Doug Mastriano attends a rally in Pittsburgh on Aug. 19.
Doug Mastriano, the Pennsylvania Republican state senator known for his ties to right-wing extremists and his involvement in former President Donald Trump’s attempt to overthrow the 2020 election results, announced on Thursday evening that he will not be running for the U.S. Senate, despite having hinted for weeks that he was about to launch his campaign.
Mastriano made the surprise announcement with his wife, Rebbie, during a Facebook Live video.
“At this time, we have decided not to run for the U.S. Senate but to continue to serve in Harrisburg,” Mastriano said, referring to the state capital. “So I know for some that will be disappointing, for others it won’t be disappointing because you’re like, ‘Who’s going to fill his seat?’ you know, ‘Who’s gonna be our voice in Harrisburg?’”
Mastriano added that he would support whoever becomes the GOP nominee for the Senate seat “because I don’t want any other Republican candidates to go through what we went through last year when our own party betrayed us” — a reference to his belief that the party didn’t adequately support him during his run for Pennsylvania governor.
Mastriano had previously suggested he would enter the 2024 race, despite worries from fellow Republicans that his candidacy could torpedo the party’s chances of winning control of the U.S. Senate. Those concerns stemmed largely from Mastriano’s poor performance in the gubernatorial election last year, which he lost to Democrat Josh Shapiro by roughly 800,000 votes.
His surprise announcement Thursday is likely music to the ears of Republicans across the country.
Senate Republicans, per a recent report in Politico, had seen Mastriano as unelectable and hoped to back Dave McCormick in the state’s primary. McCormick, a former hedge fund CEO, ran in the GOP primary for Senate last year, narrowly losing to television personality Mehmet Oz.
Even Trump — who endorsed Mastriano during the 2022 Republican primary for governor — had reportedly expressed private concerns that having Mastriano’s name on the 2024 ticket could harm the former president’s chances of winning back the White House.
Pennsylvania state Rep. Russ Diamond posted a 14-tweet thread earlier this week imploring others not to back Mastriano.
“Today I’m calling on all level-headed PA Republicans to join me in requesting that Doug Mastriano abandon any plans he may have to run for US Senate in 2024,” he wrote.
Diamond also shared a screenshot of a text message he’d apparently sent to Mastriano last month.
“Your appearance at the top of the Republican ticket last year undoubtedly contributed to Republicans losing the majority in the PA House,” the text message says. “And I fear a repeat of that in 2024, as nothing in the state has changed to mitigate that impact.”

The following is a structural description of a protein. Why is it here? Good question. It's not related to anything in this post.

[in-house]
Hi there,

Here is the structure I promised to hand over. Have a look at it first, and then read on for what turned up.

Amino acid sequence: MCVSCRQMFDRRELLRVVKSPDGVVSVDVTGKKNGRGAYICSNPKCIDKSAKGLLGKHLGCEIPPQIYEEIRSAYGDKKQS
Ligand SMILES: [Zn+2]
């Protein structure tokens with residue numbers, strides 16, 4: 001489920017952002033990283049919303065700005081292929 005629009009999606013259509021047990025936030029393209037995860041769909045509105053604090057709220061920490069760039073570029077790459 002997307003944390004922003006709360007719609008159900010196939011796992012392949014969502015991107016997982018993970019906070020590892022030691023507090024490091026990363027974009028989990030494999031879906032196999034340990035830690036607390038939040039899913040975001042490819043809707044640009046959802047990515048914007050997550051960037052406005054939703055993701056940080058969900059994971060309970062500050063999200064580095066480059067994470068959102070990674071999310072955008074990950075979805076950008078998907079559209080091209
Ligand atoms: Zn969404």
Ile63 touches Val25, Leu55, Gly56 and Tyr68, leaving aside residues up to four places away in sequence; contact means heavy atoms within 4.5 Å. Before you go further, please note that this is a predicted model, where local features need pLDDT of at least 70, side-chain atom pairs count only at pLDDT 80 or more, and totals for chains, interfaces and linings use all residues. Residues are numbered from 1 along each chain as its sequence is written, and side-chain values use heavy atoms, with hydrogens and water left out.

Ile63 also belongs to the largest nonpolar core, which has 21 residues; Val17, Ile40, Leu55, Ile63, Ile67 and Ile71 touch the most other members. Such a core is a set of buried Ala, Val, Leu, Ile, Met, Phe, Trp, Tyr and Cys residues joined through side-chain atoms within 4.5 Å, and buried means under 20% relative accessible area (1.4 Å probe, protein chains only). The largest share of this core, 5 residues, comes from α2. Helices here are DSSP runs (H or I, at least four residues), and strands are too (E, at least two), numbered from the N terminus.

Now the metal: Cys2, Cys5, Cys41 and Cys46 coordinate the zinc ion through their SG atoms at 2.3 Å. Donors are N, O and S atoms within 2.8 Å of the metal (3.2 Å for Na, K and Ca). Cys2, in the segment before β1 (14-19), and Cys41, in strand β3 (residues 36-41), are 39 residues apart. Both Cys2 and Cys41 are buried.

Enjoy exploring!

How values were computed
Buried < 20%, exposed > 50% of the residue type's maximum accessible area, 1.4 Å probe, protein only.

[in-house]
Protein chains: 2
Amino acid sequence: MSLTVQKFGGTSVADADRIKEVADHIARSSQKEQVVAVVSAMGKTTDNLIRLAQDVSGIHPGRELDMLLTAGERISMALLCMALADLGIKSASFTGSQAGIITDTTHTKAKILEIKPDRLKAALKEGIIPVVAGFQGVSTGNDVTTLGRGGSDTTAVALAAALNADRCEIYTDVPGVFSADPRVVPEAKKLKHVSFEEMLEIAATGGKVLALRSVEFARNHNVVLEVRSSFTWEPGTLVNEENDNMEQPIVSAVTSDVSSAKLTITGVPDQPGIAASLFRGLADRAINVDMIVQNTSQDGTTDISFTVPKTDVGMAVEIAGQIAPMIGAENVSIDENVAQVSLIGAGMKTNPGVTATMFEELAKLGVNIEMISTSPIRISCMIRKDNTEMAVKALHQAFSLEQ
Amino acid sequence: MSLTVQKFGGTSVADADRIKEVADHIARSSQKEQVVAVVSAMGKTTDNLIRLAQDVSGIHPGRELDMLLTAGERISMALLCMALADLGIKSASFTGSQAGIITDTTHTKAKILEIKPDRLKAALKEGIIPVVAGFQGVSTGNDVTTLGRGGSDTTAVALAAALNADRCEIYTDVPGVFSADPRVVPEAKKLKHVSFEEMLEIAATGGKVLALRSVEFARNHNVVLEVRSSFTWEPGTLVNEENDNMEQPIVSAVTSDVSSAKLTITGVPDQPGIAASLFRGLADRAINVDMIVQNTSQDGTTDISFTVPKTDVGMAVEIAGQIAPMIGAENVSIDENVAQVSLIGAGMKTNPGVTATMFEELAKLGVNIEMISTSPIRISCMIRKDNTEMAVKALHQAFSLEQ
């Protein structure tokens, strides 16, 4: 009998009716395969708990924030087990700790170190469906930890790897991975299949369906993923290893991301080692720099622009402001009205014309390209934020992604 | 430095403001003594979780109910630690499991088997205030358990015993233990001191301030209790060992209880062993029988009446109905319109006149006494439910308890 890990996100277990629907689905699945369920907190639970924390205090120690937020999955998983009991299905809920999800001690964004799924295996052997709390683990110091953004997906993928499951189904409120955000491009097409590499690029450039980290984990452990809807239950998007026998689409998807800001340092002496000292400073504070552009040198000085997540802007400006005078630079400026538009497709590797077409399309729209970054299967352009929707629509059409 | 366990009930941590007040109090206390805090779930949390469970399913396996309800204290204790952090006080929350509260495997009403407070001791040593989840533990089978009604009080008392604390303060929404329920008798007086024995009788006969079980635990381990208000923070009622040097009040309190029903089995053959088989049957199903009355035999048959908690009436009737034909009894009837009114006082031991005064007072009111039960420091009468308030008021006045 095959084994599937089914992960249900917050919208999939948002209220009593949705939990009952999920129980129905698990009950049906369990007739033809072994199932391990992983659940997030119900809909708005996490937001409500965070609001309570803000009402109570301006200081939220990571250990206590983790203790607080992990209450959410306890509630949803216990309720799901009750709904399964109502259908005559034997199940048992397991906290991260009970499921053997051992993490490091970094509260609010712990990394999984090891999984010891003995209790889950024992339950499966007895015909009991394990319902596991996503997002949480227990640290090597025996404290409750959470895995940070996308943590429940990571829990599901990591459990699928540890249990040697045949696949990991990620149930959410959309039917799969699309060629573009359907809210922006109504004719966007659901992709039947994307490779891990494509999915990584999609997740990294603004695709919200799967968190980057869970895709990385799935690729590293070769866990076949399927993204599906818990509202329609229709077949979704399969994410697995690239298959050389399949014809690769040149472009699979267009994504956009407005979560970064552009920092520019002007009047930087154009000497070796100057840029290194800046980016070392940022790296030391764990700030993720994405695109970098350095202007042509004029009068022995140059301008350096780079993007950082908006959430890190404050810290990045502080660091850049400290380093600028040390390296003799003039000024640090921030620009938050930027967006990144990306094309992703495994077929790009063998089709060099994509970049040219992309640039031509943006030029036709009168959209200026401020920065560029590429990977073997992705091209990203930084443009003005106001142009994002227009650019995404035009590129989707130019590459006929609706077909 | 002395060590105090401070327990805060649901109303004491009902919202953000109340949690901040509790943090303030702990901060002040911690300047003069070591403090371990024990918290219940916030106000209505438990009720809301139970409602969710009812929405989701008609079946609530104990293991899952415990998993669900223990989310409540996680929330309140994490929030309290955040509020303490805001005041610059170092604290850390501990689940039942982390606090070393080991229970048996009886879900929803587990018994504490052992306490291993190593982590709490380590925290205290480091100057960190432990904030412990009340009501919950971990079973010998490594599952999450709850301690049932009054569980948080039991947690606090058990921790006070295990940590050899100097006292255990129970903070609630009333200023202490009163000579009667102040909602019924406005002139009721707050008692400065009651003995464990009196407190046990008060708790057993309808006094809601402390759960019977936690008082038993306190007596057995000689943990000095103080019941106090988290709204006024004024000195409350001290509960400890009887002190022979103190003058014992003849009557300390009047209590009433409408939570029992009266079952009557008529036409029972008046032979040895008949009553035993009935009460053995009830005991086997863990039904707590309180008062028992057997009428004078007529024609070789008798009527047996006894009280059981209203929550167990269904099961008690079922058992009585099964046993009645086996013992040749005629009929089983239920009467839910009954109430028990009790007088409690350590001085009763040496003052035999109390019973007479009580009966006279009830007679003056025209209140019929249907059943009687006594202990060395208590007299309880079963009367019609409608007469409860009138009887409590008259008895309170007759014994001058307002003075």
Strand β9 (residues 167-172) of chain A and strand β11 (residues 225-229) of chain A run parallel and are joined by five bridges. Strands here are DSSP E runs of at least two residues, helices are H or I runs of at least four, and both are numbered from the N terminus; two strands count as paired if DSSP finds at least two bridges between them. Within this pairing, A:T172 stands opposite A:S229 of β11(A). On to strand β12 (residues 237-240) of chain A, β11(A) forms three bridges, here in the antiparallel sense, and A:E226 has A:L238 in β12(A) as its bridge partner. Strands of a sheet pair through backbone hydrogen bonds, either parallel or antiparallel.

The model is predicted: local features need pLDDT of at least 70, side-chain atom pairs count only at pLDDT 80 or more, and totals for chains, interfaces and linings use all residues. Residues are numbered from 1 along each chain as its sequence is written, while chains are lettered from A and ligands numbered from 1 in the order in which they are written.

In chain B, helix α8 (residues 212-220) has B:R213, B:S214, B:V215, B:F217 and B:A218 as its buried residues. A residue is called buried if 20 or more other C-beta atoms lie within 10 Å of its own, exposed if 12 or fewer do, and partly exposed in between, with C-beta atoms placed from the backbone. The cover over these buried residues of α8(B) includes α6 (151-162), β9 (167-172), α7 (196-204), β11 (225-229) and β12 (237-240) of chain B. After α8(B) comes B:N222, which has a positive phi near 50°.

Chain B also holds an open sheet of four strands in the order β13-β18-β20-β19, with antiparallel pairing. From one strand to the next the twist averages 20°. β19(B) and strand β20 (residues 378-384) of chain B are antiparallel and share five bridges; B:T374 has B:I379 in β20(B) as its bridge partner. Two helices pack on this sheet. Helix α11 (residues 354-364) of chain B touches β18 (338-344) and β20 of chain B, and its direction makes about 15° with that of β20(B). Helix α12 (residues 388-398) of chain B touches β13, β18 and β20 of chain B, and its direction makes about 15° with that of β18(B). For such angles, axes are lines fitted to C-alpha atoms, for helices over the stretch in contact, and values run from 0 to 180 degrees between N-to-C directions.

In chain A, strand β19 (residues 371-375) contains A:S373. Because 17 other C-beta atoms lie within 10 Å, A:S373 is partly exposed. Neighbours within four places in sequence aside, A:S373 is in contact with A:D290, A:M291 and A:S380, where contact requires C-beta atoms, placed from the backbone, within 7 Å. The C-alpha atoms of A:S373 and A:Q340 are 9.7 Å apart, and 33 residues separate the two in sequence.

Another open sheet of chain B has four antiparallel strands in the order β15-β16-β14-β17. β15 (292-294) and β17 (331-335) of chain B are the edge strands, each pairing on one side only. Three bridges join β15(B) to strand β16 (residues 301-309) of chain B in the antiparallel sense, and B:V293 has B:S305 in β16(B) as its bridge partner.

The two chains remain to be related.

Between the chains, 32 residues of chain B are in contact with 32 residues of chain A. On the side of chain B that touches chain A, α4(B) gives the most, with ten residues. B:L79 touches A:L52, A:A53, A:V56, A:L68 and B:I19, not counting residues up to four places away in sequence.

Today I'm calling on all level-headed PA Republicans to join me in requesting that Doug Mastriano abandon any plans he may have to run for US Senate in 2024. 1/14 pic.twitter.com/5TMwQqPtFJ
— Russ Diamond (@russdiamond) May 22, 2023
Mastriano had brushed aside such concerns in an interview with reporters earlier this week.
“Of any of the detractors, none have had the cojones to look me in the eye and have a conversation,” he said, according to PennLive. “It’s just behind a keyboard.”
Mastriano went on to call the criticism “irrelevant.”
“It’s the tree falling in the forest, nobody hears it,” he said.
A March survey conducted by Public Policy Polling showed Mastriano leading McCormick by as many as 18 percentage points in a prospective primary matchup. A Franklin & Marshall College poll from April, however, showed Democratic incumbent Sen. Bob Casey leading Mastriano by 16 points in a general election contest.
Mastriano first emerged as a national figure in 2020, when he attempted to pass a resolution in Pennsylvania’s state Senate to overturn Joe Biden’s victory in the key presidential battleground state and hand the election to Trump.
On Jan. 6, 2021, Mastriano organized buses in Pennsylvania to send his supporters to the “Stop the Steal” rally in Washington, D.C., which eventually turned into an attack on the U.S. Capitol. During the insurrection, Mastriano was spotted marching near the Capitol steps as rioters ran past police barricades.
He later gave a deposition to a House committee investigating the Jan. 6 insurrection.
While seeking the governorship in 2022, Mastriano led an insular campaign that was hostile to the mainstream media. His Democratic opponent, Shapiro, often pointed to Mastriano’s unpopular positions on issues like abortion — which the Republican wanted to ban without exceptions for rape, incest, or saving the life of the mother.
Shapiro also highlighted the Mastriano campaign’s extensive ties to right-wing extremism, such as its paid consultant fees to a social media platform helmed by a racist antisemite; the hiring of a man with militia group ties as a security guard; and appearances by Mastriano at events hosted by believers in the QAnon conspiracy theory.
Mastriano, who frequently invokes his apocalyptic Christian faith, also appeared alongside and sought counsel from self-declared “prophets” like campaign manager Vishal Jetnarayan, who has said that he speaks directly to God.
Julie Green, another “prophet,” frequently appeared on the campaign trail with Mastriano, once introducing him at a QAnon event in Gettysburg by reciting a message she claimed to receive from on high.
“Yes, Doug, I am here for you, and I have not forsaken you,” Green said, reading the supposed message from God. “The time has come for their great fall and the great steal to be overturned. So keep your faith in me.”